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When is Good Good?

The possession of a good will makes all other virtues good. The possession of good talents such as bravery, or wealth can be used for evil as easily as for good. A brave man may use his bravery to pursue evil ends such as if he shoots a police officer to prove his bravery to his fellow gang members. This shows that bravery, of overcoming our fear to act, can be evil. We all know bravery can be good, for example a man who saves a drowning child who has broken through some ice. The difference in these two uses of the characteristic is that one had a good will while the other did not. The good man did not want to drown or freeze personally, but his desire to save the child, overrode his aversion to these consequences of his actions. Whether the child actually lived or not does not change the fact that the man acted righteously. The consequence does not make the act good or bad. The will of the man makes it good.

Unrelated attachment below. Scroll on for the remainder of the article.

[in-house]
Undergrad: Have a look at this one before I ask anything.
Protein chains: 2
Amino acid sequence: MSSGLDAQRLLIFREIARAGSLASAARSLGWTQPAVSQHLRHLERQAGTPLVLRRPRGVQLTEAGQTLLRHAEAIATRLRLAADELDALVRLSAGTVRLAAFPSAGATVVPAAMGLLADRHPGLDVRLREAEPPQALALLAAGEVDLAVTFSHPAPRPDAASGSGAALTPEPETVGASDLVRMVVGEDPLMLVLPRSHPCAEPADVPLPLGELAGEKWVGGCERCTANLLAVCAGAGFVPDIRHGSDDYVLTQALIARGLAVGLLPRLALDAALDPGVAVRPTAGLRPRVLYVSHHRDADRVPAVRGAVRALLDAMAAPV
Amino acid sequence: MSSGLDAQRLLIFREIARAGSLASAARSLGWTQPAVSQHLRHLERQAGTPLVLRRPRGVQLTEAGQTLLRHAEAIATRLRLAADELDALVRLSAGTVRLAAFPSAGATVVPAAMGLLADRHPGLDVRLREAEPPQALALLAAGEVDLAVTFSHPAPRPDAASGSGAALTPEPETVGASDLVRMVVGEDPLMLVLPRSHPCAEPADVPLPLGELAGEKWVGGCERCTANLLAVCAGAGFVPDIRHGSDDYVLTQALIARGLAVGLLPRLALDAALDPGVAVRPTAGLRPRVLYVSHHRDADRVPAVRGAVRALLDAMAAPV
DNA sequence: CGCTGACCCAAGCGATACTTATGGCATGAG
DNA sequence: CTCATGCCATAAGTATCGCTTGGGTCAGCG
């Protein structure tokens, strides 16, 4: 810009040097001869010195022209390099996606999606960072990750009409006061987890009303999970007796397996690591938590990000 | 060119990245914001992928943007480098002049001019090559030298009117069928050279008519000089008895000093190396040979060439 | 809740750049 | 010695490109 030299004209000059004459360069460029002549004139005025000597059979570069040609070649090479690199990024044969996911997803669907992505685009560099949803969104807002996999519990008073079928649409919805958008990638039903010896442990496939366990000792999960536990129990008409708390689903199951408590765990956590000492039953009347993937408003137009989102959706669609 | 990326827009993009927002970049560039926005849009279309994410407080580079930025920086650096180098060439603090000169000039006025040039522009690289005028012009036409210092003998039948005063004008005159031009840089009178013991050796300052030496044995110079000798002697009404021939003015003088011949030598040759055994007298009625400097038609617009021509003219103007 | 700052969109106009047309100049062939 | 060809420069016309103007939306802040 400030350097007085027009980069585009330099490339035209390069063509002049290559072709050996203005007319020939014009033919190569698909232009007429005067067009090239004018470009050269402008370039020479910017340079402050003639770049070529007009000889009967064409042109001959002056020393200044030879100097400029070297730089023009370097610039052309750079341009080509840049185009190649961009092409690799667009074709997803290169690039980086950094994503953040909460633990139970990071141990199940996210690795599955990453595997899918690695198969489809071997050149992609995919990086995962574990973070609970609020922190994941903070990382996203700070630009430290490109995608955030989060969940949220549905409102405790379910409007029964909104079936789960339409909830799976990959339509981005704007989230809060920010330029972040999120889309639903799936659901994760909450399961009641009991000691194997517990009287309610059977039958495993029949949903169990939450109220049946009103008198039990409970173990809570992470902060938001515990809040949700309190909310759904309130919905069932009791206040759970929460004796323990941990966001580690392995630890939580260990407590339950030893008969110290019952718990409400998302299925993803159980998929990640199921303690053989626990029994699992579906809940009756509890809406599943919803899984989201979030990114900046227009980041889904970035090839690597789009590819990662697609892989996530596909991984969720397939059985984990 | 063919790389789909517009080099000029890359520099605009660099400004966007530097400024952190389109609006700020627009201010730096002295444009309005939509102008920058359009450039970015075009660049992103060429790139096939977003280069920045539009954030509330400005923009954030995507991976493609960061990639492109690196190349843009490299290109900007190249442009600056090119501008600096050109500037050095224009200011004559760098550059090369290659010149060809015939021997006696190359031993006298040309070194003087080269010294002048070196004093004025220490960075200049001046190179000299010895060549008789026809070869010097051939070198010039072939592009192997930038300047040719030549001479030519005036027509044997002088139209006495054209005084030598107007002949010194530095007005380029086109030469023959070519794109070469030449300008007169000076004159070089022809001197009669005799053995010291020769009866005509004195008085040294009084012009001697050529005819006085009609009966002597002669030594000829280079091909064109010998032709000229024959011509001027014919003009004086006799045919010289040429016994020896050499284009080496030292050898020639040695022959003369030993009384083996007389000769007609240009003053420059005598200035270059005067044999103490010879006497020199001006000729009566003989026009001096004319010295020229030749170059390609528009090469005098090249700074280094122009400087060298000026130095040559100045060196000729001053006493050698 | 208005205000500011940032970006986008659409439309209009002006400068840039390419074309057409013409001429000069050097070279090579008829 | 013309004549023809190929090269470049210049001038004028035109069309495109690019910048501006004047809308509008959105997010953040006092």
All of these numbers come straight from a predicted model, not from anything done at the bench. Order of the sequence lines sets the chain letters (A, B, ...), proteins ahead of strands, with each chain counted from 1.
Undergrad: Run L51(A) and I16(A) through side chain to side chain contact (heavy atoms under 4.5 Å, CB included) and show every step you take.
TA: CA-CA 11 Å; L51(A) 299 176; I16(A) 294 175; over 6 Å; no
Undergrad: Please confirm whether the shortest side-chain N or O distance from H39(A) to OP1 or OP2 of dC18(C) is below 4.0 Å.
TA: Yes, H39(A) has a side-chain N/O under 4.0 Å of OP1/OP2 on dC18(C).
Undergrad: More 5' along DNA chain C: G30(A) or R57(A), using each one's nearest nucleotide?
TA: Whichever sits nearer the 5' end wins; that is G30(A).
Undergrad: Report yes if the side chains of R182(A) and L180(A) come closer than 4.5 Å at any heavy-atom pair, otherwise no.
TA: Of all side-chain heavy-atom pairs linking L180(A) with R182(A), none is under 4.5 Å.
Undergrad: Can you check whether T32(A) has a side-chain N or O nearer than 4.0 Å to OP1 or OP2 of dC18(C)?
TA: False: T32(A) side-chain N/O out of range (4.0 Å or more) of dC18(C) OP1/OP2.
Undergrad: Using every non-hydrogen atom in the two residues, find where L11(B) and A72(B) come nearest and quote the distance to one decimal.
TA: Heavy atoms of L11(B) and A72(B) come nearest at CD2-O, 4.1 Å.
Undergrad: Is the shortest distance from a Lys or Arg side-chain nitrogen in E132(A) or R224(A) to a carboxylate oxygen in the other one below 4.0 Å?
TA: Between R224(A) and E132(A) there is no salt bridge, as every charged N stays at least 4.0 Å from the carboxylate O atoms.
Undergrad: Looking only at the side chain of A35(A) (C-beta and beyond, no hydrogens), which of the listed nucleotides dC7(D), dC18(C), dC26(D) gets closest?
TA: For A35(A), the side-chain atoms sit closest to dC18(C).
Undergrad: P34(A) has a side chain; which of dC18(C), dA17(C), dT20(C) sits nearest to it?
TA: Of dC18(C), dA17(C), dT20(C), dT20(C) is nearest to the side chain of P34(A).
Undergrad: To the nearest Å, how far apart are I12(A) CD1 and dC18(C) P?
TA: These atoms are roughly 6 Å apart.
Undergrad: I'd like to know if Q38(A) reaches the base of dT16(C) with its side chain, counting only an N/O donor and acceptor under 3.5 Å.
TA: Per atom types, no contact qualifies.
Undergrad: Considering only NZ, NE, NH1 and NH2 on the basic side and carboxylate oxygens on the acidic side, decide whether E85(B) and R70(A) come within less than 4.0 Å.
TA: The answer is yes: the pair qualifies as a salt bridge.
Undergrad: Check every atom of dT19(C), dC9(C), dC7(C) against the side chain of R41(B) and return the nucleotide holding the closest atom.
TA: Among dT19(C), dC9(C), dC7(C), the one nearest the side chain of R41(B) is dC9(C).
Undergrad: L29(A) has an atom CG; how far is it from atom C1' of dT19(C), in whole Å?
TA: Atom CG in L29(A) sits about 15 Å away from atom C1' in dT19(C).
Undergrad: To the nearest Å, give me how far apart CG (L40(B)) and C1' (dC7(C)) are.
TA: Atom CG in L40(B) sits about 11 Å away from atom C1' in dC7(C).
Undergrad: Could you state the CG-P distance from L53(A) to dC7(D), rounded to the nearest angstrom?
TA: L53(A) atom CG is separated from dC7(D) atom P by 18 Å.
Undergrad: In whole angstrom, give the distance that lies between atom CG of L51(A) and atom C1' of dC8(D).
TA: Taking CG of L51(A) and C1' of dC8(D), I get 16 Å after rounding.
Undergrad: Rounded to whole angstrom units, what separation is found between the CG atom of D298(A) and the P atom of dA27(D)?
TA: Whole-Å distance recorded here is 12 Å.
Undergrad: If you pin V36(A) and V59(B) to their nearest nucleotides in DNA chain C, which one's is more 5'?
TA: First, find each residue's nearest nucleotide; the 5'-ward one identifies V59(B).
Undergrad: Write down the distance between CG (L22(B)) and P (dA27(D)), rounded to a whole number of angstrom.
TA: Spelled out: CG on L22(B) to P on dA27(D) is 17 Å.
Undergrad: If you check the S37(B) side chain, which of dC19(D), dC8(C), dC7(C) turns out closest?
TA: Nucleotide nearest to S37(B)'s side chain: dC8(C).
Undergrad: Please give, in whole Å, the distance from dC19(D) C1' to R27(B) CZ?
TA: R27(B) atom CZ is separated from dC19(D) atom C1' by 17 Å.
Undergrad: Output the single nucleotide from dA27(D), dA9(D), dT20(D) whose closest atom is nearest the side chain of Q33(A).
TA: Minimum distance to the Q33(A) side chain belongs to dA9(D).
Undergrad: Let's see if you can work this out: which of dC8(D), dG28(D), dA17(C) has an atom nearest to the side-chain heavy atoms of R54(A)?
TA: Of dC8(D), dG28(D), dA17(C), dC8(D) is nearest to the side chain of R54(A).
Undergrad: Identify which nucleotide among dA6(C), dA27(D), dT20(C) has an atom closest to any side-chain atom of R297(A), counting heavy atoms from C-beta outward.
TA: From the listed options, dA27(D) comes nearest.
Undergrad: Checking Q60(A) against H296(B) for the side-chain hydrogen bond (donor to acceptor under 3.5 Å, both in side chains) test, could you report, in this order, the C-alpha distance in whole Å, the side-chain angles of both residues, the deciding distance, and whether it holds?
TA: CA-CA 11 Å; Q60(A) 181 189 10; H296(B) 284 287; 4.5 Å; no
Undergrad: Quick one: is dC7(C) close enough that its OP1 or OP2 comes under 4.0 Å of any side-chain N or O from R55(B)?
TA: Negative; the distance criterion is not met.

Because the common virtues we hold dear can also be used for evil purposes, we cannot say that the mere act that displays the virtue is always good. Conversely characteristics typically thought of as negative can also be good. Stubbornness is one example. A child can be stubborn about getting a piece of candy and can cause his mother to be greatly embarrassed, while a stubborn child can also persist in showing love to an indifferent parent. The good will of the second child to show love to another person, makes the characteristic of stubbornness a positive trait.
These acts done when it is not convenient or rewarding are a beacon to others to the goodness of the actor. The goodness of our acts is visible to us and brings us happiness. We know we did well when it was difficult and unrewarding to ourselves. We act as we wish others to act towards us when we have a good will. This qualifies the will as good and the only thing beneficial to society without exception.
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